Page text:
When Virginia defender Todd Breier walked onto the soft, grass turf of Delaware Stadium before Saturday's NCAA semifinal lacrosse match against Syracuse, he heard a sweet sound.

He looked into the stands and saw a large Virginia contingent cheering. "We definitely recognized the fans when we came out on the field," said Breier, a senior who attended Landon School in Bethesda.

For the first time in the history of the playoffs, the semifinals were played at a neutral site. And the Cavaliers (12-2), who were seeded lower and would have played at Syracuse in past years, took full advantage and beat the second-seeded Orangemen, 12-10, to advance to Monday's championship game against North Carolina (10-3).

The Cavaliers' victory sets up the first all-Atlantic Coast Conference championship match, which will start at 1 p.m. at Delaware Stadium. North Carolina, with its come-from-behind 10-9 overtime victory Saturday, kept top-ranked and No. 1-seeded Johns Hopkins out of the title match for the first time in 10 years.

"It's nice to have other teams in the championship," said Virginia attackman Roddy Marino, who had two goals against Syracuse. "The last three years, you've been seeing the same thing. In college basketball, it's nice to see somebody different. It's good for the sport. It was nice for us and North Carolina to send them home."

It also will be the first time since 1976 that the two top-seeded teams didn't make the final.

"I think it is a great thing," said Virginia Coach Jim Adams. "When I heard the news that they beat Hopkins, I was happy."

Monday's final should be just as interesting without the top-ranked teams, as the fifth-seeded Tar Heels and third-seeded Cavaliers both are playing their best lacrosse.

Virginia has won nine consecutive matches, and North Carolina has put together two straight upsets. The Tar Heels' last loss was to the Cavaliers, 11-9, in the next-to-last game of the regular season.

"If anything, it seems like we would have everything to lose, and they would have everything to gain," said Breier. "But we're approaching it as if we're dead even, and it is the last game of our careers."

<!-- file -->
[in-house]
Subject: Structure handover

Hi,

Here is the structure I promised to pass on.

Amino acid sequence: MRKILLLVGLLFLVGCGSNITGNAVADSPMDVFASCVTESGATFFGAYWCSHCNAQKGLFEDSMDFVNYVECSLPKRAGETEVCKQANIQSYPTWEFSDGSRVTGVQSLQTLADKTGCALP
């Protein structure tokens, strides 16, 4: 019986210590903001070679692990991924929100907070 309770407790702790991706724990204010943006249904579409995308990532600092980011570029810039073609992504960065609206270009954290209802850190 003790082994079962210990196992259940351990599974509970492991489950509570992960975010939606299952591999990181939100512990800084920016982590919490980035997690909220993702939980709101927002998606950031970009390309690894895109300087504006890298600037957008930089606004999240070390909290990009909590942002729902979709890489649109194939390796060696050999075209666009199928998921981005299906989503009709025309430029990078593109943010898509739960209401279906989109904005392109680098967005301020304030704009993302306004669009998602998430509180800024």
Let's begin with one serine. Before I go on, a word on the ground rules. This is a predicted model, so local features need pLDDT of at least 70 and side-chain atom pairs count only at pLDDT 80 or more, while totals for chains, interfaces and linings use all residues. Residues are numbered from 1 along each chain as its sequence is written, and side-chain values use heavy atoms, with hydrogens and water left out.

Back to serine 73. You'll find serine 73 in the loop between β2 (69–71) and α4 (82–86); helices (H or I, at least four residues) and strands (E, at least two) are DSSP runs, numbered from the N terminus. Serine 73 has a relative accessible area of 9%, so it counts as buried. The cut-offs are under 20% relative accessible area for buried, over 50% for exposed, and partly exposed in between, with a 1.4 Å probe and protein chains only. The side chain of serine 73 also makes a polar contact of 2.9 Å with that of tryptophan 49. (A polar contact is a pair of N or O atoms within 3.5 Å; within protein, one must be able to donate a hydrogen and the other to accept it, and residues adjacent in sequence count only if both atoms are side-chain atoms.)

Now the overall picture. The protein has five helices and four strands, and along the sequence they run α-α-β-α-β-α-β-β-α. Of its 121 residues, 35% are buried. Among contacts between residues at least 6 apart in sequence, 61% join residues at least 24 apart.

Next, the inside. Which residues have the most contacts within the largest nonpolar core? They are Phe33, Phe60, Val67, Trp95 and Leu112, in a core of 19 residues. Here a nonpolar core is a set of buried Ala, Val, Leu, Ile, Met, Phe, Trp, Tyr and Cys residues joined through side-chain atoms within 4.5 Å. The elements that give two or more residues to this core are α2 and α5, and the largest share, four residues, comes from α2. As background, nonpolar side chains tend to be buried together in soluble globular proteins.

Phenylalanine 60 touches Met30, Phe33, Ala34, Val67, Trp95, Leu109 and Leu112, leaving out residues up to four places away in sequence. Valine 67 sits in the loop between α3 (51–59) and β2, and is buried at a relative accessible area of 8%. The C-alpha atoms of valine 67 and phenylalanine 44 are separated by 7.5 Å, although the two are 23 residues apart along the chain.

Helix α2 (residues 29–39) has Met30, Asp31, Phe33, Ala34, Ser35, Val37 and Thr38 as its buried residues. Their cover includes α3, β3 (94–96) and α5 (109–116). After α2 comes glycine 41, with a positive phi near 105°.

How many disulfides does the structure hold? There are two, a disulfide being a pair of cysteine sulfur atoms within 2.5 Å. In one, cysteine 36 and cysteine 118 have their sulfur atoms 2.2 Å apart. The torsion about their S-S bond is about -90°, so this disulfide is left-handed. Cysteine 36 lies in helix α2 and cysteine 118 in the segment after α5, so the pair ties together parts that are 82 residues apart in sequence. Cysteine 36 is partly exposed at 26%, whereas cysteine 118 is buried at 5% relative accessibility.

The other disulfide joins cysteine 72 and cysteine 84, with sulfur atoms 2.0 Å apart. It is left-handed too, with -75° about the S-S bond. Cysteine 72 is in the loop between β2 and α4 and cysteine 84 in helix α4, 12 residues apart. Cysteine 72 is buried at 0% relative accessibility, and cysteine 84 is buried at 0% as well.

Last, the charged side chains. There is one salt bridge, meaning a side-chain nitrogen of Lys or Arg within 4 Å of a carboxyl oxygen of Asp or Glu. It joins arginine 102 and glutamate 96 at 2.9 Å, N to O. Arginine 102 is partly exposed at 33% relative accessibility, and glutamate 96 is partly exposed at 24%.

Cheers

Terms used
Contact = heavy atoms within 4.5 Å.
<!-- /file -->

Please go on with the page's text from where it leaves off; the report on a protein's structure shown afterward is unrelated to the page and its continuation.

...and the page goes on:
Virginia's defense was outstanding against a high-scoring Syracuse team, which, going into the game, had five players with more points than Virginia's top scorer. Cavaliers goalie Peter Sheehan came up with several stops in the fourth period and will have to repeat his superb effort against North Carolina's top attackmen, Pat Welsh and Gary Seivold.

"If we're in a settled situation, it's tough to beat us one-on-one," said Breier. "They have very good stick work. They might not be as strong one-on-one without Joey Seivold an all-America who is injured , but they work the back door well. Setting picks, that's where they're dangerous."

Breier noted the importance of a hot goalie in the playoffs, and he compares Sheehan to Hopkins' Larry Quinn, who helped his team to titles the last two years in which he was named the most valuable player.

But North Carolina's Mike Tummillo, who scored the winning goal against Hopkins in overtime, feels Sheehan can be beaten. "I think he is like any goalie," said Tummillo. "If we get on him early and score, he could fold."

Sheehan is aware that North Carolina's shooting accuracy in Saturday's fourth quarter could carry into today's match. "I think they're peaking now, and this is the best time to peak," he said. "They lost to Maryland and Hopkins and Virginia during the season, and beat Maryland and Hopkins in the playoffs. Now, they have one more to reverse."

"The last time we played them, I thought it was a close ball game," said North Carolina Coach Willie Scroggs, adding that the Tar Heels were going to have to do a better at stopping Virginia attackmen Marino and Jeff Nicklas. Nicklas has scored 11 goals in the teams' last two meetings.